I don’t think elephants should be killed or hassled.  What is happening to them is criminal.With all due repect to the Oregon academic, elephants do not have an incredible civilization. Civilization refers to humans, specifically to living in cities and states. To use this word to describe elephant society and organization is nonsense and anthropomorphizing another creature. Her abuse of the word is typical of American English which is becoming increasingly degraded, inacurrate and silly. I’m sorry so many of my fellow-countrymen can’t use words properly.

    • Dharam Singh

       This is when I grow most weary being a Liberal. Lets get our collective
      heads TOGETHER and lets do it SOON for the sake of the rest of the earth
      and other people. I know we can. We are more connected than you can
      imagine. Have a fit, if you have a personal need to do so, but then
      let’s DO something.
      Gonna listen to the story again (as i got a phone call) and see if there were any clear directives for concerned folks.

      First step, it seems, is to BAN ALL IVORY, WORLDWIDE!

  • J Frog

    Elephant Civilizations?  Humans weren’t called a “civilization” until around 10,000 bc.  Before that we were “hunter gatherers”.  Even our ancestors, Neanderthals, etc., did not create “civilizations”.  Words do mean something.

    On the bright side….If the David Axelrod can re-take ownership of the word “Obamacare”….Elephants can surely re-take ownership of the word “herd”.

    • Sonja

      What is your point? considering the topic of conversation.

      • J Frog

        My point is: 99.9% of people want to defend elephants and ban their slaughter. No need to slaughter the language to prove your point.

        • Dharam Singh

          This is when I grow most weary being a Liberal. Lets get our collective heads TOGETHER and lets do it SOON for the sake of the rest of the earth and other people. I know we can. We are more connected than you can imagine. Have a fit, if you have a personal need to do so, but then let’s DO something.
          Gonna listen to the story again (as i got a phone call) and see if there were any clear directives for concerned folks.

    • Mademoiselle B.

      If you don’t like the word civilization (neither do I because I don’t think its accurate), a more accurate word to use instead would be society. Herd is a different thing altogether…smaller family groups, while society encompasses many, many herds made up of females, juveniles and babies as well as adult and sub adult bulls, either solitary or bachelor herds. Elephant society, that’s exactly what it is. Civilization isn’t really accurate.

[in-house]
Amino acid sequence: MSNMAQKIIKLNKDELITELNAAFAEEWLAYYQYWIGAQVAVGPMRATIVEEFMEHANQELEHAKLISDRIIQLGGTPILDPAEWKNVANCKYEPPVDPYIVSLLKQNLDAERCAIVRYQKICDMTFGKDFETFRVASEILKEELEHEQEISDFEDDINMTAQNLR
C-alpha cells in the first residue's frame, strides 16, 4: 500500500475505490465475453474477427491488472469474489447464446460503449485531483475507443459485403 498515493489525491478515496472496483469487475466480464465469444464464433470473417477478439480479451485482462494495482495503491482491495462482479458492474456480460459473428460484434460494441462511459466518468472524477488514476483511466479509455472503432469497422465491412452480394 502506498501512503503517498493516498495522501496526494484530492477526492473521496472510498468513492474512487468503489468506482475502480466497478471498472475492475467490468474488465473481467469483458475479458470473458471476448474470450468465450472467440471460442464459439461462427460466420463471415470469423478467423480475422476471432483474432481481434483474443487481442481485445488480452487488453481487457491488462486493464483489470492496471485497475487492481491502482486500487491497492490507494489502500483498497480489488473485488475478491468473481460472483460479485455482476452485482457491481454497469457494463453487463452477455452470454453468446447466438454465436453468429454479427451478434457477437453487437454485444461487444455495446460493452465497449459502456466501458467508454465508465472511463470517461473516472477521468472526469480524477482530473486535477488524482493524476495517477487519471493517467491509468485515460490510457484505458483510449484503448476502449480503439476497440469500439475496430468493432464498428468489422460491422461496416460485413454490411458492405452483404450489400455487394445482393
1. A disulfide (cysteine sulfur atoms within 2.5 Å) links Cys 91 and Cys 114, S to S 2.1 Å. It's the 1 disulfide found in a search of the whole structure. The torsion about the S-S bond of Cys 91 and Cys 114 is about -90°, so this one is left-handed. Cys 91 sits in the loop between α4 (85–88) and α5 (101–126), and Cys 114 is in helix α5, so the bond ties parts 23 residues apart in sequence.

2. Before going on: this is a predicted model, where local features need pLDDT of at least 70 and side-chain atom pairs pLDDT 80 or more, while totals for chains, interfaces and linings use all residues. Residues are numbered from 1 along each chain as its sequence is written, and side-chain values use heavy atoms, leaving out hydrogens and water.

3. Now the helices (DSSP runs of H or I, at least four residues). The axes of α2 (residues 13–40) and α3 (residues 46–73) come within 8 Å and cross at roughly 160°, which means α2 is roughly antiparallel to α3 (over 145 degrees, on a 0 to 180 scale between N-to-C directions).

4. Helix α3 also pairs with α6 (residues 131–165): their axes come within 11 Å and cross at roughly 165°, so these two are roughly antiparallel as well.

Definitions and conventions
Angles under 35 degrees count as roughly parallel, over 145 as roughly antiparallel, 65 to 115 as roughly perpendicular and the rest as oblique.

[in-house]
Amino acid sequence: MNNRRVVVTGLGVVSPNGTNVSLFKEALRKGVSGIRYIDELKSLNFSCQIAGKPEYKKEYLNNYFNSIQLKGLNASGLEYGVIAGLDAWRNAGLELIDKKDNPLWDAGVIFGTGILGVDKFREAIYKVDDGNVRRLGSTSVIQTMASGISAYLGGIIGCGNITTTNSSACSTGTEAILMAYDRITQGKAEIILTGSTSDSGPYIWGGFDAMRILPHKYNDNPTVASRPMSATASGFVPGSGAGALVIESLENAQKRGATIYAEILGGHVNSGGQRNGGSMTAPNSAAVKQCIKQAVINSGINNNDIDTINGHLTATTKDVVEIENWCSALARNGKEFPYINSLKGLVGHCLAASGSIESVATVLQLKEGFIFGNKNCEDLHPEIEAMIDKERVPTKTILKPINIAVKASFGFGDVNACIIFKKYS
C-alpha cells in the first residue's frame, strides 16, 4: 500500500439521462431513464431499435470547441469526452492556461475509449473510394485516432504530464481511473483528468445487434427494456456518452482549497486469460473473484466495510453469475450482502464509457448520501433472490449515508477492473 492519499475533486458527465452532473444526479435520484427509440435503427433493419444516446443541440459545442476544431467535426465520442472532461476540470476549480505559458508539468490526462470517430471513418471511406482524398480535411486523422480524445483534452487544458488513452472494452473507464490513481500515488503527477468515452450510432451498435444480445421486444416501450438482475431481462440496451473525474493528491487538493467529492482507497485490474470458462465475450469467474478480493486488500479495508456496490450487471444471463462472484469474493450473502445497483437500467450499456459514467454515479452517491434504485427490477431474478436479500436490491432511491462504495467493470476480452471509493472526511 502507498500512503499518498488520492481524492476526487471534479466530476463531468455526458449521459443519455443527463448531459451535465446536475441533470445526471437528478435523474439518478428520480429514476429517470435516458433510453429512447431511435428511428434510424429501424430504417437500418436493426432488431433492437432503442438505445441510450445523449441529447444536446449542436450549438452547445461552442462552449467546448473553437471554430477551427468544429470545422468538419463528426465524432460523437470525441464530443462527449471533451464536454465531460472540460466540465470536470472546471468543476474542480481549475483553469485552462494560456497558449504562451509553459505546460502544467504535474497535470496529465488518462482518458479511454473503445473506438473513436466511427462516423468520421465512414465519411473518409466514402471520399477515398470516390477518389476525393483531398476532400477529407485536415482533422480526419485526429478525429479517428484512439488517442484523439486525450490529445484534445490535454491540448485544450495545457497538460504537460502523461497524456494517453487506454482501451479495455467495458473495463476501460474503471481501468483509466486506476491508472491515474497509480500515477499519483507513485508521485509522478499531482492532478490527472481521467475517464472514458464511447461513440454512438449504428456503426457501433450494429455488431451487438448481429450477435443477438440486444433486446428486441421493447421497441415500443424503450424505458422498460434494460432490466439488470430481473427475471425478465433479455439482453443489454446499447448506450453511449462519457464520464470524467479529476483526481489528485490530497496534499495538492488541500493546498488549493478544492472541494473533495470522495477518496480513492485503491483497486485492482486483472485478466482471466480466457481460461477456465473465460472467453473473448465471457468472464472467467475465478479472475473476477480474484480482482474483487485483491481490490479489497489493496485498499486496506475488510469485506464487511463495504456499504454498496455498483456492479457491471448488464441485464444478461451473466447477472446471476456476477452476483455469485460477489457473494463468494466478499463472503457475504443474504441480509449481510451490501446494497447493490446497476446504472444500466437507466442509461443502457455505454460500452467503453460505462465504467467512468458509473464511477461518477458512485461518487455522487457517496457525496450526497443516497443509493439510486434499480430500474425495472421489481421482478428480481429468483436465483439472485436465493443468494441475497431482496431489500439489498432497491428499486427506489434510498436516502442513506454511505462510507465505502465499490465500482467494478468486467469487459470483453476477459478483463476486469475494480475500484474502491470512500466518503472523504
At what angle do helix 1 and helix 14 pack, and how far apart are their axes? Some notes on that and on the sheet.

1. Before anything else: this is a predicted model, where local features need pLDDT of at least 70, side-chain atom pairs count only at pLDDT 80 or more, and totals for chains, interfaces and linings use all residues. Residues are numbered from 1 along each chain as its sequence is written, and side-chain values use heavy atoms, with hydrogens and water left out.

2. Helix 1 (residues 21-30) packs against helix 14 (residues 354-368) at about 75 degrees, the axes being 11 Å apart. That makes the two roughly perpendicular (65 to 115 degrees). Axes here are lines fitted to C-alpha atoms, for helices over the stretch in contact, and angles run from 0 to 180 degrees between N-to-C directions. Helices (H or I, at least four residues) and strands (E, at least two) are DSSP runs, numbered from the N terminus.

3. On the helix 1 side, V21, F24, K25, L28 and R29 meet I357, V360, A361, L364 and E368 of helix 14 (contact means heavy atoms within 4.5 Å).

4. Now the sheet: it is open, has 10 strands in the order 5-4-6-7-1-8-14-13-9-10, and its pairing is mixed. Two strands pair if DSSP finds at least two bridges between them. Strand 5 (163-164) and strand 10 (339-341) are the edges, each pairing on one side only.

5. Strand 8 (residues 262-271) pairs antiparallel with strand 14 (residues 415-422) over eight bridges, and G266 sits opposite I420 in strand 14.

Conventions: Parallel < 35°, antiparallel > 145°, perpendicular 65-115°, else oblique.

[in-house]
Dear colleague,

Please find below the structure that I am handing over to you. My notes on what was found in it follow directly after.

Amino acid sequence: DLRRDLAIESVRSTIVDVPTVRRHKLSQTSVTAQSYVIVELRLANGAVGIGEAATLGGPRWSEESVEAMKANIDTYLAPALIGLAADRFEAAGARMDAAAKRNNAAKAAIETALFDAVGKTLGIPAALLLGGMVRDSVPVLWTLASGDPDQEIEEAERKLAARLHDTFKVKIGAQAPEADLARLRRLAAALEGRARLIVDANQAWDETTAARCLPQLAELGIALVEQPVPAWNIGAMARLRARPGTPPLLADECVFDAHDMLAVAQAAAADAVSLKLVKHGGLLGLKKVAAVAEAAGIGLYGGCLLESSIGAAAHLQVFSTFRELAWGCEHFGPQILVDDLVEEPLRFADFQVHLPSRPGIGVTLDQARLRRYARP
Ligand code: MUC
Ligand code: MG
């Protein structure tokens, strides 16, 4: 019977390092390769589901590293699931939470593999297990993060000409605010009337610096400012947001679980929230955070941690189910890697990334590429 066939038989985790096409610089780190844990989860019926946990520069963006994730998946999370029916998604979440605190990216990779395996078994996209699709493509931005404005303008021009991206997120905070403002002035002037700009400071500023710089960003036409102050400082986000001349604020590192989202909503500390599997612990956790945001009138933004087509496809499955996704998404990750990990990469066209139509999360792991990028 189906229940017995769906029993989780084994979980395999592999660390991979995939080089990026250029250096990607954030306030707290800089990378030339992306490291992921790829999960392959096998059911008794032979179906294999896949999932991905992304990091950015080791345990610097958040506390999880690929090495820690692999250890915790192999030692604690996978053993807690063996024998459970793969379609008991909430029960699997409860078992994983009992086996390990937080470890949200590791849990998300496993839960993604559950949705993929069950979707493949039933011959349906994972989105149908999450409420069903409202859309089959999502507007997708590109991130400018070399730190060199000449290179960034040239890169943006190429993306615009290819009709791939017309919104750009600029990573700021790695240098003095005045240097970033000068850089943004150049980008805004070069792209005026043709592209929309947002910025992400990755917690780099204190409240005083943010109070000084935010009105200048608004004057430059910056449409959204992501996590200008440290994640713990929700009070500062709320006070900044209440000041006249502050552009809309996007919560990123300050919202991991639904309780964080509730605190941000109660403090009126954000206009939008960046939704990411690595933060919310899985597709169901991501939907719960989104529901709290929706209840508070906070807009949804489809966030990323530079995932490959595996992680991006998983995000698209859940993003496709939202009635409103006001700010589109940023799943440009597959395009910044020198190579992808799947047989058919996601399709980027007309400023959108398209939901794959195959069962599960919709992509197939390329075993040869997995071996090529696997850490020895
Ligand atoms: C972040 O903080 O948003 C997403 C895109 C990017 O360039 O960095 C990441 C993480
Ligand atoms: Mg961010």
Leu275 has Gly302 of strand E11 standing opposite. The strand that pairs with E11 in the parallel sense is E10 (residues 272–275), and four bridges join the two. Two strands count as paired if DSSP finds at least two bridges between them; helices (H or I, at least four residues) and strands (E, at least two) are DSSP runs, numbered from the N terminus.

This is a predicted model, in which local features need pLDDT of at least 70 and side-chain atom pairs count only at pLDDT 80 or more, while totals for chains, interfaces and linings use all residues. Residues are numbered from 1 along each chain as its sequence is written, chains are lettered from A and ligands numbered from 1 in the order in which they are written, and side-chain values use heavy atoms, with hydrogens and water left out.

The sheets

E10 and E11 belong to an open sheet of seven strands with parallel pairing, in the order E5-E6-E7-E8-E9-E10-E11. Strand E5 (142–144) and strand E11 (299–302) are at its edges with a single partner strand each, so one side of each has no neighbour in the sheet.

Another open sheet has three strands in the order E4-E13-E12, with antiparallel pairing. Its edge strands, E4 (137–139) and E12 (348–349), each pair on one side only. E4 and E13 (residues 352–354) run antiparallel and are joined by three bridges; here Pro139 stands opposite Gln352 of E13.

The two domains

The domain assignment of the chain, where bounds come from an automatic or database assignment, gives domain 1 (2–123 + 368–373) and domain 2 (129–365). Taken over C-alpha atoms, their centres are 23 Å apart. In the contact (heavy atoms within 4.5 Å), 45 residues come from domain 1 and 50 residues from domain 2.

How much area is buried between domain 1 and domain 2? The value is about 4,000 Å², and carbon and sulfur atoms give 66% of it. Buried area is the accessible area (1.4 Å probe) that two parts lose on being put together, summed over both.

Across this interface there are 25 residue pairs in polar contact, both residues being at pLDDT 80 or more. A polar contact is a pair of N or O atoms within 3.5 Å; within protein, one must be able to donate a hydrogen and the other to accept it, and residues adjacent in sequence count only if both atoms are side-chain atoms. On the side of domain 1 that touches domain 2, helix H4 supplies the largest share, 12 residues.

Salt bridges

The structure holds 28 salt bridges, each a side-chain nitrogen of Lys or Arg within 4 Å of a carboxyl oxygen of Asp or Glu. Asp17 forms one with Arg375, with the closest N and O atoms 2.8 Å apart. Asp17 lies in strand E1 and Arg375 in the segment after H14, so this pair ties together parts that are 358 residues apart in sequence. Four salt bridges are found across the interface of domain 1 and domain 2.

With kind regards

• Penelope Wells

    Dr. Gay Bradshaw, Director of The Kerulos Center, is a brilliant spokesperson for elephants under siege. Thank you, Robin, for devoting air time on Here & Now to the tragic situation of elephants in the wild. We need ongoing media coverage finding solutions across the board because a world without elephants is too hard to contemplate. 
    I see myself in all species and I see all species in me.  Thich Nhat Hanh

    • Elke Riesterer

      Well said Penelope!  Media coverage has to get much bigger worldwide and the poacher syndicates need to be heavily punished by unified laws all over Africa.

  • Real solutions

    This si really an old story, although the location is new.  The effects of poaching on elephants has been known for some time.  Killing poachers is the obvious visceral response, but there are more  wherever they come from.  The issue is to stop selling weapons to African countries and trying to educate the population and eliminate poverty.  Local people are the answer to stopping things like this.

    • Dharam Singh

       BAN ALL IVORY SALE, PERIOD. Not just the legal market.

  • http://twitter.com/ketdeneuve KET DENEUVE

    I can’t understand how can someone do that.   Someone without soul, without sense, without love  and too much  hatred. Poor people, that hate themselves and hate the world and never  think about God!

  • PAT SUMMERS

    yHE

  • Pat Summers

    The elephant segment was excellent, timely. However, Robin Young seemed oddly discomfited, judging by her cheery voice and laughing tone.  Her demeanor didn’t match the subject matter, I felt, and for her that’s uncommon.  Thank you for the horrifying info on the status of elephants, however. Maybe next: what to do about the ivory trade?

  • Barleym

    Such disgraceful treatment of these beautiful animals by sadistic humans.